An Oregon man who claims he was tortured by police is suing two counties, the city of Prineville, Ore., and 15 individuals for more than $5 million in federal court.
Curtis Hooper, who has a "long and colorful history of minor criminal infractions," according to court documents, filed a suit Oct. 24 in which he claims his civil rights were violated through "abuse, assault and tortuous treatment" by authorities who failed "to understand, treat or properly accommodate [his] significant mental illness."
The lawsuit claims Hooper takes medication for anxiety and depression, and suffers from "cognitive disorders and neurological dysfunctions" stemming from abuse and serious head injuries.
A May 8, 2011 incident caught on tape shows a Prineville police officer bending back Hooper's fingers as Hooper remains restrained on a gurney. Although it's not clear from the video why Hooper's fingers were being bent, the officers in the footage appear to be aware their actions are being recorded.
"That's a sign to me that they've done this before and they feel comfortable doing it," Hooper's attorney, Andrew Mathers, told KTVZ. "I believe they [every officer in the room] are all complicit."
The Huffington Post reached out to the Prineville Police Department for comment, but multiple requests were not returned as of press time.
Earlier that evening, the suit alleges, police arrested Hooper at a friend's house without probable cause, pepper sprayed him and tasered him before putting him in five-point restraints at a hospital and torturing him.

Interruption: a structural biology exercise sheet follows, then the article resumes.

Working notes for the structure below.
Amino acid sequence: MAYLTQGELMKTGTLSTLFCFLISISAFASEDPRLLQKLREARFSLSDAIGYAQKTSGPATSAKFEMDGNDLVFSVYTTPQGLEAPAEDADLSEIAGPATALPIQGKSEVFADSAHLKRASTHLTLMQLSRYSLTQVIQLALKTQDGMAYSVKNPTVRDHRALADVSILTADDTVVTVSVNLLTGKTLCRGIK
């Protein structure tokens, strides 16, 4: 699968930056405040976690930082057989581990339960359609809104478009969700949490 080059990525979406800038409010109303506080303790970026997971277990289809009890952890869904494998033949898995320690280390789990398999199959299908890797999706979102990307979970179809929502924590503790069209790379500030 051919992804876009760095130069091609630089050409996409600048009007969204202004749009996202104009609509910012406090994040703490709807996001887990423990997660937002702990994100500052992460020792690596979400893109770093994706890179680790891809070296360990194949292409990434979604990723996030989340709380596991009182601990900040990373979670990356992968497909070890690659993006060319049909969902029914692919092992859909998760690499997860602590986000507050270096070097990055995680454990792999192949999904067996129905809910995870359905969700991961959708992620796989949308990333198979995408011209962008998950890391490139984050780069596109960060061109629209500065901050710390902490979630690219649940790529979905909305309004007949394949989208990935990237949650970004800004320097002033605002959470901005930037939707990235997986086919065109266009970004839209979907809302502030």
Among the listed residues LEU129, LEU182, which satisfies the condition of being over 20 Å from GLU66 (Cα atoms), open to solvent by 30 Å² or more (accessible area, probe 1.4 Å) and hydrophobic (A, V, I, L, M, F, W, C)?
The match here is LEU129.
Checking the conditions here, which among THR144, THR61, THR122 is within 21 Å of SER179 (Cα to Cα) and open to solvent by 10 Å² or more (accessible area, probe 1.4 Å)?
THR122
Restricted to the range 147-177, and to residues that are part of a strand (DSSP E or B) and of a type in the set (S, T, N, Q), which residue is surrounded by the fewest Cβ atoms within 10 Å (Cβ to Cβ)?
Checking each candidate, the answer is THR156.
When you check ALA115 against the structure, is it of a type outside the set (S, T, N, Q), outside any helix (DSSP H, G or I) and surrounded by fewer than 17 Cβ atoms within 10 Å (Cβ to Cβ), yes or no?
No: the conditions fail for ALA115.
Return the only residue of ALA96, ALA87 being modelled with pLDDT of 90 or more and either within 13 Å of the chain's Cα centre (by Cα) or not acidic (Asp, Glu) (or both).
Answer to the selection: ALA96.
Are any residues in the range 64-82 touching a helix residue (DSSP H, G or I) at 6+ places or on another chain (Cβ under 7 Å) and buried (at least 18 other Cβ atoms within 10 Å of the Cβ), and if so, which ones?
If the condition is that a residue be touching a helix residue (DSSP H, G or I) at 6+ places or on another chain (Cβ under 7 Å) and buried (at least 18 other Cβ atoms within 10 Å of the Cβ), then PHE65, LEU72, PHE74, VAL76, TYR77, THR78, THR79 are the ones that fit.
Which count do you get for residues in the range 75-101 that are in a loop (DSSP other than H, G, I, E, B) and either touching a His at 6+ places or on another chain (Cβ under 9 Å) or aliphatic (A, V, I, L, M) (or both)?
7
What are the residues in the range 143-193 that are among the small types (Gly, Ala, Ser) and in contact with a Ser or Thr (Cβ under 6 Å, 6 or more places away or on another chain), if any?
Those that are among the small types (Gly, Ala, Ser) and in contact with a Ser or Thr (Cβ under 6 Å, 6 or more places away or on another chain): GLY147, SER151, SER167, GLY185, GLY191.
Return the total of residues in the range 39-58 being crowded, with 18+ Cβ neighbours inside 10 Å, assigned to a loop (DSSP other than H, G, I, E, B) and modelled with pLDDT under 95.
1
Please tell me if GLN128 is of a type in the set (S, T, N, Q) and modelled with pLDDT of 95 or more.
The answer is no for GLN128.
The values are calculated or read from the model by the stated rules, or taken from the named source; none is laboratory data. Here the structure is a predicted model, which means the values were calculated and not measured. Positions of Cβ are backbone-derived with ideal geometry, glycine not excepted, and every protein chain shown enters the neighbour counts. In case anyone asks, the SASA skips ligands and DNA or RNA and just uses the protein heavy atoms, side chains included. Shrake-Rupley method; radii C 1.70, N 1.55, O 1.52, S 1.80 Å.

The lawsuit also alleges that police assaulted Hooper several times while he was serving a 90-day sentence in early 2011. It also claims police filed misleading reports to cover up their actions, claiming Hooper had self-inflicted injuries sustained in those assaults.
Following the incident at the hospital, Hooper was incarcerated at Jefferson County Jail. There, deputy Rob Robbins slammed a metal door on Hooper's left hand and refused to open it, according to court documents.
Robbins was fired for the incidentand charged with assault, but later agreed to a plea deal, KTVZ reports.
Hooper was not immediately taken to a hospital, but X-rays taken three weeks after the assault revealed that bones in two of his fingers had been shattered. Hooper, an auto mechanic, says he can't work because his fingers still need surgery.
This is not the first incident of alleged police brutality to make news in Oregon this year.
In May, protestors claimed they were beaten and brutalized by police during an unpermitted march in downtown Portland. Video taken at the rally appears to show police punching, kicking and pulling the hair of protestors.